Jurgis climbs up to the tenement's garret to see his son's body. He is furious, and determined not to grieve. He does not go to the saloon to drown his sorrows; instead, he hops into a train car at the nearest junction and rides it out into the countryside.
Despite his personal tragedy, Jurgis's alcoholism does not get the better of him. Instead, at his wit's end, he tries to literally flee his situation—he has followed Jonas's path, and seems to have come to the conclusion that family and love are destructive burdens in the world where he is forced to live, and that he must escape it in order to survive.
The sights and sounds of nature shock Jurgis after three years in the city. He eats at a farmhouse and goes for a swim in a nearby pond—it is his first bath in months. He seeks out another meal at a different farm, but the farmer calls him a tramp and denies his request. Jurgis leaves, but as he exits the farm he uproots a row of young peach trees: Jurgis is emboldened by his freedom, and "from now on he was fighting, and the man who hit him would get all that he gave, every time."
Once removed from the stultifying city and the burdens of having to support a family, Jurgis is again filled with youthful vigor. The farmer's prejudices no longer keep Jurgis down—instead, he is committed to fighting back. Yet his fighting back is destructive as opposed to building anything—he destroys the farmer's property in response to his insult.
At another farm, Jurgis eats dinner with a farming family and spends the night in their barn. The farmer offers Jurgis a job until the winter, but Jurgis declines, saying he isn't looking for work at the moment. The farmer presses, asking Jurgis why he couldn't work in the cities during the winter, and Jurgis responds by explaining the wretched, competitive overcrowding of urban life. When the farmer tells him he will need a job once his money runs out, Jurgis agrees, but says he has no plan until then.
Jurgis seeks to break as fully as possible with both the oppressive working conditions of the city and the oppressive constant need for money that is part of supporting a family. He simply wants to feel free instead of involving himself with work—to work only when he absolutely has to, which, as a healthy man able to forage for himself, isn't that often.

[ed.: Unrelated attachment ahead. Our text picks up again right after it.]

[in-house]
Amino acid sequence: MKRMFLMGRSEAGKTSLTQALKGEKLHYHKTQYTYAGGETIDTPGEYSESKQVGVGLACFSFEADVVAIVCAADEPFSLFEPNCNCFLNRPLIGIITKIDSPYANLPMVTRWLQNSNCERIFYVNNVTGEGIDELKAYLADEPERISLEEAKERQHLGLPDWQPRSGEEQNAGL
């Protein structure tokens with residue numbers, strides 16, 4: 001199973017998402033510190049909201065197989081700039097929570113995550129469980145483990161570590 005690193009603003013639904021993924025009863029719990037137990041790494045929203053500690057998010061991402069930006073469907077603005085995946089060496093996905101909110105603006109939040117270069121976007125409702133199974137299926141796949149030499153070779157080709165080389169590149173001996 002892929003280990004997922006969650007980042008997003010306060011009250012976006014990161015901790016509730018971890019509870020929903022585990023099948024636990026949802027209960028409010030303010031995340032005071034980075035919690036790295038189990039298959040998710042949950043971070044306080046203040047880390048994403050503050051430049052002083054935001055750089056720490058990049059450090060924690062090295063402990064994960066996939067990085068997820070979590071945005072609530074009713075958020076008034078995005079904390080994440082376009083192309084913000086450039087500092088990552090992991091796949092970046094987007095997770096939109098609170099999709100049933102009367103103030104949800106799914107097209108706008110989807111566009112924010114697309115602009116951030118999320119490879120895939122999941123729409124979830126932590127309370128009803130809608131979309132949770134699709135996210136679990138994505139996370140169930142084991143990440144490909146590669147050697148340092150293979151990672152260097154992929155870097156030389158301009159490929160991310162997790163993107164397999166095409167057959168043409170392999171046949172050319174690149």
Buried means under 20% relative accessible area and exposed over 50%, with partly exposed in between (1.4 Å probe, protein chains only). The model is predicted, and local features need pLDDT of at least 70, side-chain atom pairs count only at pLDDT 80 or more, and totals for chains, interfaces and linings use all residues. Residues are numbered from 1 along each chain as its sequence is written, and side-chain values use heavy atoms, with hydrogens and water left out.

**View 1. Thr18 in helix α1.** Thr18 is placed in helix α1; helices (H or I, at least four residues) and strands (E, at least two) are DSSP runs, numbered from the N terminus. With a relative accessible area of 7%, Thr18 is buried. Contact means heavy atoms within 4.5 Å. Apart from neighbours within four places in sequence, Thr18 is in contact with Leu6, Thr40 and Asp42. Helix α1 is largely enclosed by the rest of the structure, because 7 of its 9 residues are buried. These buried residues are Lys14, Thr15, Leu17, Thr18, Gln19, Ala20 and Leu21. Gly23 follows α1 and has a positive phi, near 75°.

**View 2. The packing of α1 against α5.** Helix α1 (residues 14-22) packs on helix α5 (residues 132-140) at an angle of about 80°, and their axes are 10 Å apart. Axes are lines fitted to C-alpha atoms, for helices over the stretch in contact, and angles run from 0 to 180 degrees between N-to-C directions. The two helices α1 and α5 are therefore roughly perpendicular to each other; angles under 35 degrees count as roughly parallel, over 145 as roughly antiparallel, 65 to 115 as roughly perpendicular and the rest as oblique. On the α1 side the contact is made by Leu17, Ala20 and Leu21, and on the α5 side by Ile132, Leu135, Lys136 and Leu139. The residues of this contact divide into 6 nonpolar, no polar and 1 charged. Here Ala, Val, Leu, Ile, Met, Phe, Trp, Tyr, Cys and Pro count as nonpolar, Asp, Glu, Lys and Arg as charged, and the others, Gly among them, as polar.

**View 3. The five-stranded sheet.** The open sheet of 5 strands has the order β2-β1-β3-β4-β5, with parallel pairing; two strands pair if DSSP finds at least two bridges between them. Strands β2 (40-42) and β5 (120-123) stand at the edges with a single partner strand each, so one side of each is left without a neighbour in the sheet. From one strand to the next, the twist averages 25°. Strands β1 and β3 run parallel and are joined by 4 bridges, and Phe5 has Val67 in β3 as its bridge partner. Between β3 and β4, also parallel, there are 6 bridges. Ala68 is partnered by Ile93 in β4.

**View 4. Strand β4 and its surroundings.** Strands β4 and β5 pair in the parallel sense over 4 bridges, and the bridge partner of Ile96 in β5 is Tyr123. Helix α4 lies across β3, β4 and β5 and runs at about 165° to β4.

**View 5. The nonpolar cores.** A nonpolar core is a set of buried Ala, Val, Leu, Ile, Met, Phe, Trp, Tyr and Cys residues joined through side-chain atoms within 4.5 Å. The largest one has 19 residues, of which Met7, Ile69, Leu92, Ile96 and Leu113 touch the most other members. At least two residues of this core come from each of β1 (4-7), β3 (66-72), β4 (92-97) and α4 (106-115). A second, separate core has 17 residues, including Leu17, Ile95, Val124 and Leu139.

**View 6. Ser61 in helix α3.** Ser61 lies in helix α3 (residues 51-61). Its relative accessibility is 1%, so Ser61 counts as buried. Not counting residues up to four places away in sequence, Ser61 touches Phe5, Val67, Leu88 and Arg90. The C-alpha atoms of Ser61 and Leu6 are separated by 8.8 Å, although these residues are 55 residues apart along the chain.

Jurgis's life as a "tramp" has begun. Instead of asking for the help of farmers, who are mostly hostile to him, Jurgis sleeps in fields and abandoned buildings and forages food from fields. He doesn't worry about money, because he knows he can work paying farmhand jobs when he needs to. His "wanderlust" has returned, as has his youthful energy. He feels liberated, though not completely so: he is occasionally tormented by memories of Ona and Antanas.
As a tramp, Jurgis has a chance to embrace individualism completely. However, his attachments to his family make it impossible for him to fully do so.
As he travels, Jurgis meets other vagrants. Many of these men have also abandoned the struggle of the cities for a nomadic life. Others are less unfettered, and wander in search of seasonal work. Jurgis joins a work gang to help with the harvest in Missouri, and earns a significant amount of money. He recognizes that he no longer has much use for money, and instead of saving it, he splurges on a night of carousing in town. He ends the night by sleeping with a local girl.
Jurgis is directionless. Without the motivation to save money generated by his love for his family and his desire to support and improve his loved one's lives , he squanders his earnings on transient pleasures. He has no dreams. He lives only for the present.
After his wasteful, debauched evening, Jurgis is penniless and ashamed of his behavior. Some time later, during a rainstorm, he takes shelter with a Slavic family. Their baby boy reminds him of Antanas, and Jurgis breaks down in tears. He runs out into the storm and cries in the forest, thinking of Ona and Antanas.
Jurgis's supposedly carefree, pleasure-seeking lifestyle proves too much for him to bear when he is reminded of the family he once had. He ran from the burdens of his family, but he cannot run from his love for them.